I kind of shocked the Viable Paradise students, I think, when I told them of my complete and utter loathing for most of my own work. This has actually gotten worse as I've become a better writer, because at this juncture, my critical skill set is good enough, and my standards are high enough, that all I can see about one of my own stories anymore is how it fails. I'm experiencing this now, actually, because I am thinking about the two stories I'm going to start revising soon, and how unutterably inadequate they are, and how much work they need, and how incompetent I am to give it to them.
And then starting tomorrow, I'm going to pick one of them up and start picking it apart at the sentence and story and structure level, trying to rebuild it nd make it faster and stronger and more like a functional machine. But all my prose seems to me at best workmanlike, my combat scenes are uninteresting, my POVs don't reveal motive or characterization. The exposition is clunky, the resolutions crudely handled, and the whole thing goes over like a lead balloon. It's all full of structural issues. The few sentences I do like, nobody else does.
Also, thematically, it's all just shit.
I've become such a freaking whiner. I can't stand myself.
And it's such an odd thing, because my editorial hand with other people's work has gotten reasonably deft. I'm pretty good at critique, and I can spot what's working, analyze structure, complicate a plot. I can usually even find things to praise.
But when it comes to writing my own stuff it all feels like dross, and all I can see is where it could be better.
Some of it, I think, is that I since I learned to write, I've lost the ability to just write. It's all hyperintellectualized, thought through, and every sentence goes through a series of wringers trying to make it tighter and smarter and harder-working. It's all got to pull its weight. I can't slip into that trance-state I used to anymore, and emerge with 1500 words on the page and no clear recollection of how they got there.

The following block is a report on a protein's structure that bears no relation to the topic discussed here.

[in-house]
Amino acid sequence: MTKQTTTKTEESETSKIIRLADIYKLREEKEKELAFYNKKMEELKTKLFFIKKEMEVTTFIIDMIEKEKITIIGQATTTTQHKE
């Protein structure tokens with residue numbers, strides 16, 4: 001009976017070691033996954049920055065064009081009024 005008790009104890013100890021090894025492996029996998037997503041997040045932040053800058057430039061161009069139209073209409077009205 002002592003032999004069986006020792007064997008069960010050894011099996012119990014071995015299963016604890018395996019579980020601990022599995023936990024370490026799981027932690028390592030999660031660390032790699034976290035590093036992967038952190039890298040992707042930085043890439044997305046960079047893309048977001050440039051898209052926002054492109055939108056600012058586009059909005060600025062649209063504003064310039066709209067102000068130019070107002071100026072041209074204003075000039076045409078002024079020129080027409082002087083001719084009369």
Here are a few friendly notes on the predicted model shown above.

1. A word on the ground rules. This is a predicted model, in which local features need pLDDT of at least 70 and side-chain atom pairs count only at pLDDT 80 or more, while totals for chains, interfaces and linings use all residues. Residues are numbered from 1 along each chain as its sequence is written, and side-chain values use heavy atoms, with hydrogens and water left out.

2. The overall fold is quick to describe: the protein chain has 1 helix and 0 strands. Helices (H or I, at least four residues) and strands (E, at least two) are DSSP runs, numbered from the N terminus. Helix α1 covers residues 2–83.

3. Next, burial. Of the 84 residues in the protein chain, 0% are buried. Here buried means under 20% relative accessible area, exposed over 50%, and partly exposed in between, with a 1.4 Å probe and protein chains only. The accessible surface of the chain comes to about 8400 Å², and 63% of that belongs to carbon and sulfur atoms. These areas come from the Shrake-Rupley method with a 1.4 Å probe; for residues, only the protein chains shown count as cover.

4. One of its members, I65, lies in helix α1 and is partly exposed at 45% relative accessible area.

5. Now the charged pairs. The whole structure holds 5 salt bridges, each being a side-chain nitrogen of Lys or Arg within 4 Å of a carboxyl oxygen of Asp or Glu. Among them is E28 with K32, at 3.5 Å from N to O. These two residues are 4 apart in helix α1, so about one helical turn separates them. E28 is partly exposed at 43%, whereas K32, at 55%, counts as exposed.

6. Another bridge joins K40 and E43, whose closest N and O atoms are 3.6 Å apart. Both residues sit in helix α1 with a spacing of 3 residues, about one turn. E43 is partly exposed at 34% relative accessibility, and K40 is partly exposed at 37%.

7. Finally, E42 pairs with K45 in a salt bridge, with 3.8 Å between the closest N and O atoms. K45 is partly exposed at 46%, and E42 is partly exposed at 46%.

The downside to this, of course, is that those easy altered-state words were lousy words, in rotten stories.
On the other hand, now I can write stories that people understand. Because back in the day, I wasn't so good at translating the weird pattern-building of my nonstandard brain for others. And actually, I suspect that's why, these days, so much of what I write feels flatter to me, even though it gets better critical and reader response. Because I have trained myself to translate from how I think to how other people think, to put stuff in linear order and make sure there's a clearly-defined through-line rather than a pointillist series of events that makes what is to me a subtle and inexprable pattern, but to everybody else looks like a bunch of random dots.
That through-line thing is hard. Easy to recognize, when something doesn't have it--or doesn't have the right kind of through-line for your own particular thought patterns to pick up on. It seems to lack causality. There does not seem to be an evolution of motive and action that brings each character though the story.
But so much of it, for me, is what I sense--the shape of the story--and those things that seem perfectly obvious and inevitable to me often make no sense to others. So I worry about belaboring the point.
I'm very good, naturally, at induction. Not so good at deduction or following rigid sequences of things. But I've learned, and in the process, that part of my brain that sees stories as a gestalt has gotten very frustrated with the writing. Because these new stories are not webworks but chains, I don't love them, because I am predisposed to love webworks.
So I'm trying to figure out how to do things that are both--chains for you guys, and webworks for me, and it's hard and frustrating. And I'm pretty savage to myself when I think I've made an inadequate effort. Which is, of course, in everything I do.
Intellectually, I know I'm pretty good at this. And yet--all I can see is how it's never good enough.
(Yes, I pretty much bring this attitude to every endeavor in my life. Is it any wonder that I'm single?)